Autumn Budget Headlines

The Chancellor spoke about a “future full of change, full of challenge and, above all, a future full of new opportunities”, promising investment in infrastructure, technology and measures to encourage house building.

However the headlines have focused on the downgrade in growth forecasts. Although current tax revenues are better than originally forecast, the reduction in growth forecasts will mean lower tax revenues in the next few years which limited the Chancellor’s room to ease austerity.

The uncertain economic and political situation meant that the Chancellor had to avoid the problems he faced following his March budget so there were very few major announcements. It may be remembered more for what he did not do rather than what he did announce. There had been speculation that the VAT threshold would be reduced, but fortunately this has not happened. Similarly the March budget change to the self-employed national insurance rate has been shelved.

As always there will be important detail in the Budget small print, but the headlines are:

The Economy ·         The economy continues to grow with three million new jobs created since 2010.

·         Inflation to peak at 3% this quarter before falling back

·         Productivity continues to be weak and growth forecasts have been revised downwards.

Personal tax ·         The income tax personal allowance to increase to £11,850 from April 2018

·         The higher rate threshold to increase to £46,350 from April 2018

·         The tax-free dividend allowance will be reduced to £2,000 from April 2018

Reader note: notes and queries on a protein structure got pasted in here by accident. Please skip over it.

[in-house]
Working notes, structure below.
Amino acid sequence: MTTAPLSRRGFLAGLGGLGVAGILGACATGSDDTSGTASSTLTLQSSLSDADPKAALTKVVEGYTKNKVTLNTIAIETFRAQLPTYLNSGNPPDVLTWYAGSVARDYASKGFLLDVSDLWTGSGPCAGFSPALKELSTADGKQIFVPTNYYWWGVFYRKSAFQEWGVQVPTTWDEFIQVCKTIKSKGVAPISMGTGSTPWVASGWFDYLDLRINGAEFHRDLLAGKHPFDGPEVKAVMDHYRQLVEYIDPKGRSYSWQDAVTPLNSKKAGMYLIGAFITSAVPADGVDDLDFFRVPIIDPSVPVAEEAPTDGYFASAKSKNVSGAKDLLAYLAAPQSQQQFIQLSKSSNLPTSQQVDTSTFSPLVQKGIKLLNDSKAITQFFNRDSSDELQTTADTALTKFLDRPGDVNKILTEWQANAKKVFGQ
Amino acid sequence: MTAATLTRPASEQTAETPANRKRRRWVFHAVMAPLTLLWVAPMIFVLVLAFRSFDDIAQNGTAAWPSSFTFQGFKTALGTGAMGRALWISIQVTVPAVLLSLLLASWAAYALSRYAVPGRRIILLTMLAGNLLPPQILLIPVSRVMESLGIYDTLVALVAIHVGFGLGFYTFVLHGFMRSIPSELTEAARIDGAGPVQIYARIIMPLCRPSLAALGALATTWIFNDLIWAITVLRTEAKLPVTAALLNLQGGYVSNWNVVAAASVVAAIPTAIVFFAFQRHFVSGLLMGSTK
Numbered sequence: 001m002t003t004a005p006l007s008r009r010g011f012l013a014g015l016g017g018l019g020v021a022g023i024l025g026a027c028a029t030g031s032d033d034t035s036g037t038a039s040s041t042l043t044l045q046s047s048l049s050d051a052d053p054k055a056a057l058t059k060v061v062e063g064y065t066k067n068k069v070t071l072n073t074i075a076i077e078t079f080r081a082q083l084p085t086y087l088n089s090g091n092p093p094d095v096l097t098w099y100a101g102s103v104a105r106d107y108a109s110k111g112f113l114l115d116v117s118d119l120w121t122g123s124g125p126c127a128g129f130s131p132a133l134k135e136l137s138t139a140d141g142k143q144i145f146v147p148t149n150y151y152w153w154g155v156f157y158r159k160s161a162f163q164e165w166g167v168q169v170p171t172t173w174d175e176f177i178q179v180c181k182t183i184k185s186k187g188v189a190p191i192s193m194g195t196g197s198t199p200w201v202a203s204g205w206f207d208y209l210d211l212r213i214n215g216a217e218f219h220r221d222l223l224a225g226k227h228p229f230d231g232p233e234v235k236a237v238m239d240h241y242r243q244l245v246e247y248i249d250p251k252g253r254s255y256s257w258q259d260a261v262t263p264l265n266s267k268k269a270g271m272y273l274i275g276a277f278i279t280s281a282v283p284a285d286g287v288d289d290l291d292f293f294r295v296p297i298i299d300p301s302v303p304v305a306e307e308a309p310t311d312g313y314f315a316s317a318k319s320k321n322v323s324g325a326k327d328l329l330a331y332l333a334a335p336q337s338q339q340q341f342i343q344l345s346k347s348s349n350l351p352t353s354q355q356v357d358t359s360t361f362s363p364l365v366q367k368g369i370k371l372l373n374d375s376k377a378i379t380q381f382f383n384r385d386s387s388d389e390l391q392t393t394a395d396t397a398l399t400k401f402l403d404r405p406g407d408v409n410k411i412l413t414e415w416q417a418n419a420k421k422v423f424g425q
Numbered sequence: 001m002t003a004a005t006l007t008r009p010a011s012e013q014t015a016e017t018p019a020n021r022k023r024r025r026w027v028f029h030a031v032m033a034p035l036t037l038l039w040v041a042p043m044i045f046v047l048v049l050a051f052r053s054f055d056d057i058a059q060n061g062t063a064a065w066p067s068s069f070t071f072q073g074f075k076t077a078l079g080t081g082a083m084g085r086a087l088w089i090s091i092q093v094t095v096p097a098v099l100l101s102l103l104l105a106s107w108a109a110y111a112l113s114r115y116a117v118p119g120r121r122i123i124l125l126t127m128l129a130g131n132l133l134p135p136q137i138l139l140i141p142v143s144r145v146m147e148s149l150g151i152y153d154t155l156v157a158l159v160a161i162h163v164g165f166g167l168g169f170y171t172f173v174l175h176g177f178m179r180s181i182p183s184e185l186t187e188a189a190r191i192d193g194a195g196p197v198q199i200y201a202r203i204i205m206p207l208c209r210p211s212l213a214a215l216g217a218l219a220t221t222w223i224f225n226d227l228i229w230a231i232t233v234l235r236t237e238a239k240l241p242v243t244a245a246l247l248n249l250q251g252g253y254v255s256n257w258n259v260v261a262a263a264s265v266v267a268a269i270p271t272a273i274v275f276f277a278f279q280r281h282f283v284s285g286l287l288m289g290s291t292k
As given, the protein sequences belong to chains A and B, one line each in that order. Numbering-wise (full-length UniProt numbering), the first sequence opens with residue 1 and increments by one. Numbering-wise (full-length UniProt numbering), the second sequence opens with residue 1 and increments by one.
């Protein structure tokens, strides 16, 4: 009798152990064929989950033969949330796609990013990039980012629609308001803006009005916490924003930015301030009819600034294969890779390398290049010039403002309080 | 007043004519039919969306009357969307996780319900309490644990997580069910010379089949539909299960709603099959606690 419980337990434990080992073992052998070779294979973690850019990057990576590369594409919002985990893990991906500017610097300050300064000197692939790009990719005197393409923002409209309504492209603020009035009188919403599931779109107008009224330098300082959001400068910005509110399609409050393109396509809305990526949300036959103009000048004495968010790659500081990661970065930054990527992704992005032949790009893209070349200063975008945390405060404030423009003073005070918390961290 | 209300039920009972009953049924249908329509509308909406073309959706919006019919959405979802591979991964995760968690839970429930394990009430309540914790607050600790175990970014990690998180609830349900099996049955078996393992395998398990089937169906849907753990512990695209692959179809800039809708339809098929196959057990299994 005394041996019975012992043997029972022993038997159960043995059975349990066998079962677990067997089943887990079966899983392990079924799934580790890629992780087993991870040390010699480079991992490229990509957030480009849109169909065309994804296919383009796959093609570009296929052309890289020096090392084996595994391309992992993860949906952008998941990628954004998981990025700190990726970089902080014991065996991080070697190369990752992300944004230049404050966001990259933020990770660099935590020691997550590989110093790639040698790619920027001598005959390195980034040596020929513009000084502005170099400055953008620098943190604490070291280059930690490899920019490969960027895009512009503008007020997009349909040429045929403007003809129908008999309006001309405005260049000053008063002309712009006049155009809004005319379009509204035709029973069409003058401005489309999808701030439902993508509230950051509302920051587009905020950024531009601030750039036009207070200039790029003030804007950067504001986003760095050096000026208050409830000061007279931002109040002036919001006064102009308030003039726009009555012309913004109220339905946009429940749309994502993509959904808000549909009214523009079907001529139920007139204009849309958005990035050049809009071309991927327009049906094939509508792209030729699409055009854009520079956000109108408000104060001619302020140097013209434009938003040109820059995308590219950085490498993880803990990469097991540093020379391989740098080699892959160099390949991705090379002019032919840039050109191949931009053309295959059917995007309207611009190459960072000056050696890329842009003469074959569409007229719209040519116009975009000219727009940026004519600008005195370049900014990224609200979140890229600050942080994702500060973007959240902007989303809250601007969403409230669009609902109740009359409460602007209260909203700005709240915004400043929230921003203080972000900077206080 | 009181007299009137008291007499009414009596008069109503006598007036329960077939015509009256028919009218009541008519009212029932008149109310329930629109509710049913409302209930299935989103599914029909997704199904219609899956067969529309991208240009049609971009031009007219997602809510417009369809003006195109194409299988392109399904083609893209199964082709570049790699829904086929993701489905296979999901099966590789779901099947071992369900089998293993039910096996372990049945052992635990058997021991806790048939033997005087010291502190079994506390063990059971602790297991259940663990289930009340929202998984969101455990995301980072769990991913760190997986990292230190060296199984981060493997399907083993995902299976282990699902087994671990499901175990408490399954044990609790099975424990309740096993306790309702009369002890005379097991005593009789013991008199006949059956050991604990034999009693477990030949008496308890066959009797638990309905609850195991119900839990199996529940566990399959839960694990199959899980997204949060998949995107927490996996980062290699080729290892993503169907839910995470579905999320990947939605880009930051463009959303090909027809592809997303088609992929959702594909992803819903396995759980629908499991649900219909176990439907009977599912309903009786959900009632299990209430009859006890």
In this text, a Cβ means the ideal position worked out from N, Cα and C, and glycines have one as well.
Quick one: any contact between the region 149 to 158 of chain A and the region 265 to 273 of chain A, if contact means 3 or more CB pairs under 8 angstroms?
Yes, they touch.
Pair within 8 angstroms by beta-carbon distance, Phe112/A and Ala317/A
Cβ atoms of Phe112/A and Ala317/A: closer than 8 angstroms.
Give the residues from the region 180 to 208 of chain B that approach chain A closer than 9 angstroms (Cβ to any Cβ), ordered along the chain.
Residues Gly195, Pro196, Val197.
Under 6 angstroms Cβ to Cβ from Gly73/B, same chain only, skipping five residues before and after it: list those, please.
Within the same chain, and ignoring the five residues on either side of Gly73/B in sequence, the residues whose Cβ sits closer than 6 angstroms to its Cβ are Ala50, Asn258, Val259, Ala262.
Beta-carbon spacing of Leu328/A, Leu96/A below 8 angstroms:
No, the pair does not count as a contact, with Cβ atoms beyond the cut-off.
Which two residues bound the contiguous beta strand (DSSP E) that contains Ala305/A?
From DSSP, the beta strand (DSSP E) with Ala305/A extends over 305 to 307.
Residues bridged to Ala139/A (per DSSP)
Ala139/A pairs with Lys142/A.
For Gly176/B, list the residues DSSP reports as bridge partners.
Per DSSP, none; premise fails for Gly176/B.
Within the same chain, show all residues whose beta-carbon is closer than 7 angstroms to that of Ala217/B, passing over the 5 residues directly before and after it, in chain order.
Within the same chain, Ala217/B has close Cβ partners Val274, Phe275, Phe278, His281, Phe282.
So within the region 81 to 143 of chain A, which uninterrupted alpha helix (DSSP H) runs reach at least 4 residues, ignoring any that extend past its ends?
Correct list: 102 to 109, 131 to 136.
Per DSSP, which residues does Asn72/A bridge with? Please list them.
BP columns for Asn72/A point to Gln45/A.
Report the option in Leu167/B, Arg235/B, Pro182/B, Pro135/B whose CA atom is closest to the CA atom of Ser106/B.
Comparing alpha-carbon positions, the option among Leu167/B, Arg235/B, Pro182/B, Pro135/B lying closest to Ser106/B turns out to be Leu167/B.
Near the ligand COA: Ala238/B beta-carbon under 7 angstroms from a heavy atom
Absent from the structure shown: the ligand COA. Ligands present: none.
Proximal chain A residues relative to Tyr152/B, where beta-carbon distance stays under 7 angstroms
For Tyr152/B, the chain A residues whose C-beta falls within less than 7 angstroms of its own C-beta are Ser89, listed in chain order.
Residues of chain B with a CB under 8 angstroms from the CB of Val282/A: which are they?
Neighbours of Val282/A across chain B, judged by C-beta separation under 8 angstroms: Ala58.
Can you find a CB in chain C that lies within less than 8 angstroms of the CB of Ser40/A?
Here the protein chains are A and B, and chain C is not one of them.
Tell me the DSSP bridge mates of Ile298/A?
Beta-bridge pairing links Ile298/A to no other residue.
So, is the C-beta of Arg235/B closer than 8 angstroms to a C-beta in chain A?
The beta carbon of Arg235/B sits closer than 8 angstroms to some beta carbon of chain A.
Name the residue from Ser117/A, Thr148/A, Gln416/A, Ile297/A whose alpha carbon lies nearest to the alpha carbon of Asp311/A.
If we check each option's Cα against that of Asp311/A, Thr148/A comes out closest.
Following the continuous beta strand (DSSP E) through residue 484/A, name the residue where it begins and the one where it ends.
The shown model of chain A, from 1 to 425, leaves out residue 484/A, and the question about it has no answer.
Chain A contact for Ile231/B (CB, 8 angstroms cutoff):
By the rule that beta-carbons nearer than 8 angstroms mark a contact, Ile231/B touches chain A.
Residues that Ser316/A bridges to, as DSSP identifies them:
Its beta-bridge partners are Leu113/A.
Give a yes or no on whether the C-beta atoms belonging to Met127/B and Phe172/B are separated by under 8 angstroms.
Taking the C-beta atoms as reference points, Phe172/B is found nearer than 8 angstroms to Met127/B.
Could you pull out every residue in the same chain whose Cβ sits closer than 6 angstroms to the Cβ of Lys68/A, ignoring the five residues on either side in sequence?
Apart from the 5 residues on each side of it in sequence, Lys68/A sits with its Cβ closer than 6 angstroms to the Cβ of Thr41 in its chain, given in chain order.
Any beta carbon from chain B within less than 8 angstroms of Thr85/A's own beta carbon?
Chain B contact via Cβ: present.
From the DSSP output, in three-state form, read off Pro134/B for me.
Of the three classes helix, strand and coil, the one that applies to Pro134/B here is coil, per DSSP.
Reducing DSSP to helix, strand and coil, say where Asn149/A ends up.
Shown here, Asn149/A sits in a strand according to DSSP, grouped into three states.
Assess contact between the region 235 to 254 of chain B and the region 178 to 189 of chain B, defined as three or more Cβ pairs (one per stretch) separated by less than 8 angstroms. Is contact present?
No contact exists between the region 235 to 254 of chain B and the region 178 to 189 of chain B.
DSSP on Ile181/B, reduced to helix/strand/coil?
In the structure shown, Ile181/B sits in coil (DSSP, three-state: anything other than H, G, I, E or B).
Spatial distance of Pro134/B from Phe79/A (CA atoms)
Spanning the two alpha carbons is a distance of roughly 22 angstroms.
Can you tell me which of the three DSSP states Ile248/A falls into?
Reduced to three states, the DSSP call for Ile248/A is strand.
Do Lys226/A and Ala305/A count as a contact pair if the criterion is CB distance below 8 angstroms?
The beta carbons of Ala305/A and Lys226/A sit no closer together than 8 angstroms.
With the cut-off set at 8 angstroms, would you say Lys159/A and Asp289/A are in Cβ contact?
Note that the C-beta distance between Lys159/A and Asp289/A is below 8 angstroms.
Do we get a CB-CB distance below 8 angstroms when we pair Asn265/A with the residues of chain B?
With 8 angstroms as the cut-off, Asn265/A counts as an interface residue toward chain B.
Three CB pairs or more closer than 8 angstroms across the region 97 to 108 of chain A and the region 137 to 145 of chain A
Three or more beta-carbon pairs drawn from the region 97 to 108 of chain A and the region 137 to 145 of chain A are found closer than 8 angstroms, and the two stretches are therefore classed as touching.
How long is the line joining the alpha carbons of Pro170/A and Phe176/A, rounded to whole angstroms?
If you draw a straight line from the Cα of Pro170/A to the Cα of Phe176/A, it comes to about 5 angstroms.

·         Annual ISA allowance unchanged at £20,000

Business tax ·         Corporation tax rate for 2018/19 unchanged at 19%

·         From April 2019 royalty payments to low-tax jurisdictions will be liable to income tax

·         R&D tax credit rate increased to 12%

·         Investment Investment Scheme (EIS) limits doubled for investments in knowledge intensice-companies

VAT ·         No change to the £85,000 VAT threshold for next two years
Other taxes ·         Extension to business rate reliefs for small businesses, including small public houses

·         No Stamp Duty land Tax on purchases by first time buyers up to £300,000.

Spending / Investment ·         £44bn to be made available in capital funds, loans and guarantees to encourage house building

·         Increase of £31bn in national productivity investment fund

·         More money for the NHS

·         Additional £10bn for capital investment in the NHS

·         £500m investment in 5G, fibre broadband and AI

Other ·         National living wage increased to £7.83 from April 2018

·         Seven day waiting period for universal credit removed

·         Changes to planning legislation to encourage house building